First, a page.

June 7, 2022
A previously undisclosed memo to the Education Department offers a step-by-step guide to closing predatory schools before they suck up more federal loans.
Last week’s announcement that the Education Department would automatically cancel all $5.8 billion in student loans from the defunct, predatory for-profit chain Corinthian Colleges gives a measure of (belated) restitution to over half a million fraud victims. But debtors at other for-profit schools with similar business models have reasonably asked why they haven’t gotten the same treatment.
Department officials have vowed to assess whether other colleges acted so fraudulently toward students that they, too, meet the standard for blanket cancellation. “We will continue to ensure that all Americans with federal student loans get the protection they deserve,” a senior administration official said on a press call last week. But the best way to do that, rather than engaging in convoluted analyses that last years, is to prevent loans to for-profit diploma mills from ever being made.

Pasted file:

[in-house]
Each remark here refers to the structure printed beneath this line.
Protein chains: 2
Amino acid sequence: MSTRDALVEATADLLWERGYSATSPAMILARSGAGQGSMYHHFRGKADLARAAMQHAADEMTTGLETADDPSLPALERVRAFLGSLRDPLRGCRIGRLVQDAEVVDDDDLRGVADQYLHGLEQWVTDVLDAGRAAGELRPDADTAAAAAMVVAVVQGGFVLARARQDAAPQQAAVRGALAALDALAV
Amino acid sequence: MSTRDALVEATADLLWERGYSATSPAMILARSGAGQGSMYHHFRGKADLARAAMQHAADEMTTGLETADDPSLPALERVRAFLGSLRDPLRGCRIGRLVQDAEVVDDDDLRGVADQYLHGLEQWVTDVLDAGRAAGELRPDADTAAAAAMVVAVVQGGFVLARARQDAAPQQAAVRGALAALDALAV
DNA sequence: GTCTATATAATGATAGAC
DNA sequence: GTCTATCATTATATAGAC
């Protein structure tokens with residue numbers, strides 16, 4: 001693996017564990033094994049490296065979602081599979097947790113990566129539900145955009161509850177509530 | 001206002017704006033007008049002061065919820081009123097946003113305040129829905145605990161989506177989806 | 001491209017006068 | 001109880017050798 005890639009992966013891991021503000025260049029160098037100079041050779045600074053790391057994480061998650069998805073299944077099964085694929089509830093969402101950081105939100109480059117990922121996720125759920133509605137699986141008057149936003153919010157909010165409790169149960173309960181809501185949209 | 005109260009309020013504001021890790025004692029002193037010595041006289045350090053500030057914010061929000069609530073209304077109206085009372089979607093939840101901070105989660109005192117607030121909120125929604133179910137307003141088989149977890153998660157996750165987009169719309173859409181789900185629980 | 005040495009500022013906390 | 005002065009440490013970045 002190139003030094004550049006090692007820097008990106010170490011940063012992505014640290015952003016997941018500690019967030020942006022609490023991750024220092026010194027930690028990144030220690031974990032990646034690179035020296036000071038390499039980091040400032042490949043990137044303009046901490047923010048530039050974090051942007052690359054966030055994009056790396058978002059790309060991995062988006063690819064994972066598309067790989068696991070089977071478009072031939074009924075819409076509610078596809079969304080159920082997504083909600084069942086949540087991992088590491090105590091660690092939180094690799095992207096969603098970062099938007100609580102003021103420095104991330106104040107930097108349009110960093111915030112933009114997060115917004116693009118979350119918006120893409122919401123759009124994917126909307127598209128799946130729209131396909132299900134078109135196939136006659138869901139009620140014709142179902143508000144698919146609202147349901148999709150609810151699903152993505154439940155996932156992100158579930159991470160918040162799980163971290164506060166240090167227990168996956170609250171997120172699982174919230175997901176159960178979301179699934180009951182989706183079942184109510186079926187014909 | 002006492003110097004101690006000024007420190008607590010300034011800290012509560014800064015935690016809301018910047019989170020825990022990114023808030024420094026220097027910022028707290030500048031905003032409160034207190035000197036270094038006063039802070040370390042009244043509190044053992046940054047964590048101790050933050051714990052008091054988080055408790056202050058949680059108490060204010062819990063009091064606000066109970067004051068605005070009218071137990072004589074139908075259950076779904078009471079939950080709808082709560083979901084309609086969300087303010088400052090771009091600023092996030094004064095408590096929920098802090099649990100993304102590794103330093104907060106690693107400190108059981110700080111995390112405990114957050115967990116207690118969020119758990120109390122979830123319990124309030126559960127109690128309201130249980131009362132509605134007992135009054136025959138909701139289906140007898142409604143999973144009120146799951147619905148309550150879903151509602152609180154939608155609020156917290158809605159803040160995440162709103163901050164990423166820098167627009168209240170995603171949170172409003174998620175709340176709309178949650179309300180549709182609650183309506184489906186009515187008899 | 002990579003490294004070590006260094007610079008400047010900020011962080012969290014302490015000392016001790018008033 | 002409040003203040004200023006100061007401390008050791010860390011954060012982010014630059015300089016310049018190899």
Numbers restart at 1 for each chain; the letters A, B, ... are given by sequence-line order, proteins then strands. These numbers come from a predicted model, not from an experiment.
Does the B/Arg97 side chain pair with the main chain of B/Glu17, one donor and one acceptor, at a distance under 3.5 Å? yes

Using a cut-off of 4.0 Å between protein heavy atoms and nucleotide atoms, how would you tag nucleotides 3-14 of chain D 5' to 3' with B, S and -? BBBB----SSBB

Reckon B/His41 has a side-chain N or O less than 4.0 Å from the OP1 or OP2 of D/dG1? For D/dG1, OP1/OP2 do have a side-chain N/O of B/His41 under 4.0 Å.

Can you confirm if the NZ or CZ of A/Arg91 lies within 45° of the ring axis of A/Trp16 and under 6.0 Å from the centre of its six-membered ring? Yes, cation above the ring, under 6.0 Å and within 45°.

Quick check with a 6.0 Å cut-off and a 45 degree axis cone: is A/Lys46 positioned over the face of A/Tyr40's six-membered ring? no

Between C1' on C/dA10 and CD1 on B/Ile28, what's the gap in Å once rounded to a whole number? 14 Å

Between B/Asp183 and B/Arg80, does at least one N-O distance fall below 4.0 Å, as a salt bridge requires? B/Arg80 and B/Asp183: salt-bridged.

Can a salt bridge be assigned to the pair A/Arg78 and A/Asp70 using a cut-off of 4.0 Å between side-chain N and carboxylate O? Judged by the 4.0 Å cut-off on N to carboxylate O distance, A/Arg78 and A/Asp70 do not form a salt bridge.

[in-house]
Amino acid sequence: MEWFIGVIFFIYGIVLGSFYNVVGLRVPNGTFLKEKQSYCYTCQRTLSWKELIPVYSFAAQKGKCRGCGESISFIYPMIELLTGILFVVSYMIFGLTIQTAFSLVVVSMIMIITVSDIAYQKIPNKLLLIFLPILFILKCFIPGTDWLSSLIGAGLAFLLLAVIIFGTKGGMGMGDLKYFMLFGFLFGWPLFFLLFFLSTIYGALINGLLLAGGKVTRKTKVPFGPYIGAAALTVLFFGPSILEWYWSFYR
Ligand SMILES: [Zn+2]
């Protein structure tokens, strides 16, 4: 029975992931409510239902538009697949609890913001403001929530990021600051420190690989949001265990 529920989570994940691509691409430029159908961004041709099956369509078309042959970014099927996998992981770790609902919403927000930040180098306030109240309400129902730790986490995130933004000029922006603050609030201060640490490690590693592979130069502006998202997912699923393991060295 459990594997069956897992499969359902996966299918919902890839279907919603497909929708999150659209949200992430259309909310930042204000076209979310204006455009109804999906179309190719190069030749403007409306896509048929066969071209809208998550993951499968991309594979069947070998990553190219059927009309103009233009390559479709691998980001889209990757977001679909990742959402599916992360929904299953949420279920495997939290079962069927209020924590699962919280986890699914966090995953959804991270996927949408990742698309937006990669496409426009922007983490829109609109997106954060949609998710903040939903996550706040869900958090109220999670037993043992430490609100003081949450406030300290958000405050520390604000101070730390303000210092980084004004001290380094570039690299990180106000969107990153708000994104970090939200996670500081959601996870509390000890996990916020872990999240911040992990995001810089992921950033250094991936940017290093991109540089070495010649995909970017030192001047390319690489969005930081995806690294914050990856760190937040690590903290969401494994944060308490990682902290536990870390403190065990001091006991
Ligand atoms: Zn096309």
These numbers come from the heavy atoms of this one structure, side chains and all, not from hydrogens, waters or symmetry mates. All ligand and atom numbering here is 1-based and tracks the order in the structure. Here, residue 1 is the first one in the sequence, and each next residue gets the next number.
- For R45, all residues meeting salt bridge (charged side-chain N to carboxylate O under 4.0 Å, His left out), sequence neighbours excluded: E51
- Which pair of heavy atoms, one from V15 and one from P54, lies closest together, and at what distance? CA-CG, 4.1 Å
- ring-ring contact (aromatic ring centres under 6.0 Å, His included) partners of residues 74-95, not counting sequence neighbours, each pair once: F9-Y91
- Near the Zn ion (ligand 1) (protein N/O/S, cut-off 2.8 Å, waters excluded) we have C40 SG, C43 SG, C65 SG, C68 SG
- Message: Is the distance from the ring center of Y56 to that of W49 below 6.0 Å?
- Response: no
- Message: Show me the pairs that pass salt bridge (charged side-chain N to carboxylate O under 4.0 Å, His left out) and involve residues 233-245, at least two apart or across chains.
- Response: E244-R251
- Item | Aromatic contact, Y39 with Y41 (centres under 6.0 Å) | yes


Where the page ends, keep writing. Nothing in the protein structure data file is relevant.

The Education Department has that authority, according to an 11-page memo that activists from the Debt Collective delivered to Rich Cordray, chief operating officer of the Office of Federal Student Aid (FSA), last July. The memo, which has not previously been reported on, outlines a variety of ways that FSA could shut down the for-profit college industry on its own.
Key to the strategy is the fact that for-profits derive nearly all of their revenue from federally issued student loans. The industry “siphons public money to private investors via the federal student lending system,” the memo states. Cutting off that spigot of federal loans would make it impossible for for-profits to finance their operations. FSA could do this through regulations that have not been enforced much, the Debt Collective argued in its memo. Additional congressional approval would not be needed.
The Education Department has not yet responded to a request for comment.
“Schools like Corinthian College would not have been able to scam their students without the full cooperation of the Department of Education,” Thomas Gokey, co-founder of the Debt Collective, told the Prospect. “When we are asking the Department to cut off federal funding to for-profit schools, we are not asking them to interfere with a business, we are simply asking them to stop being partners in crime.”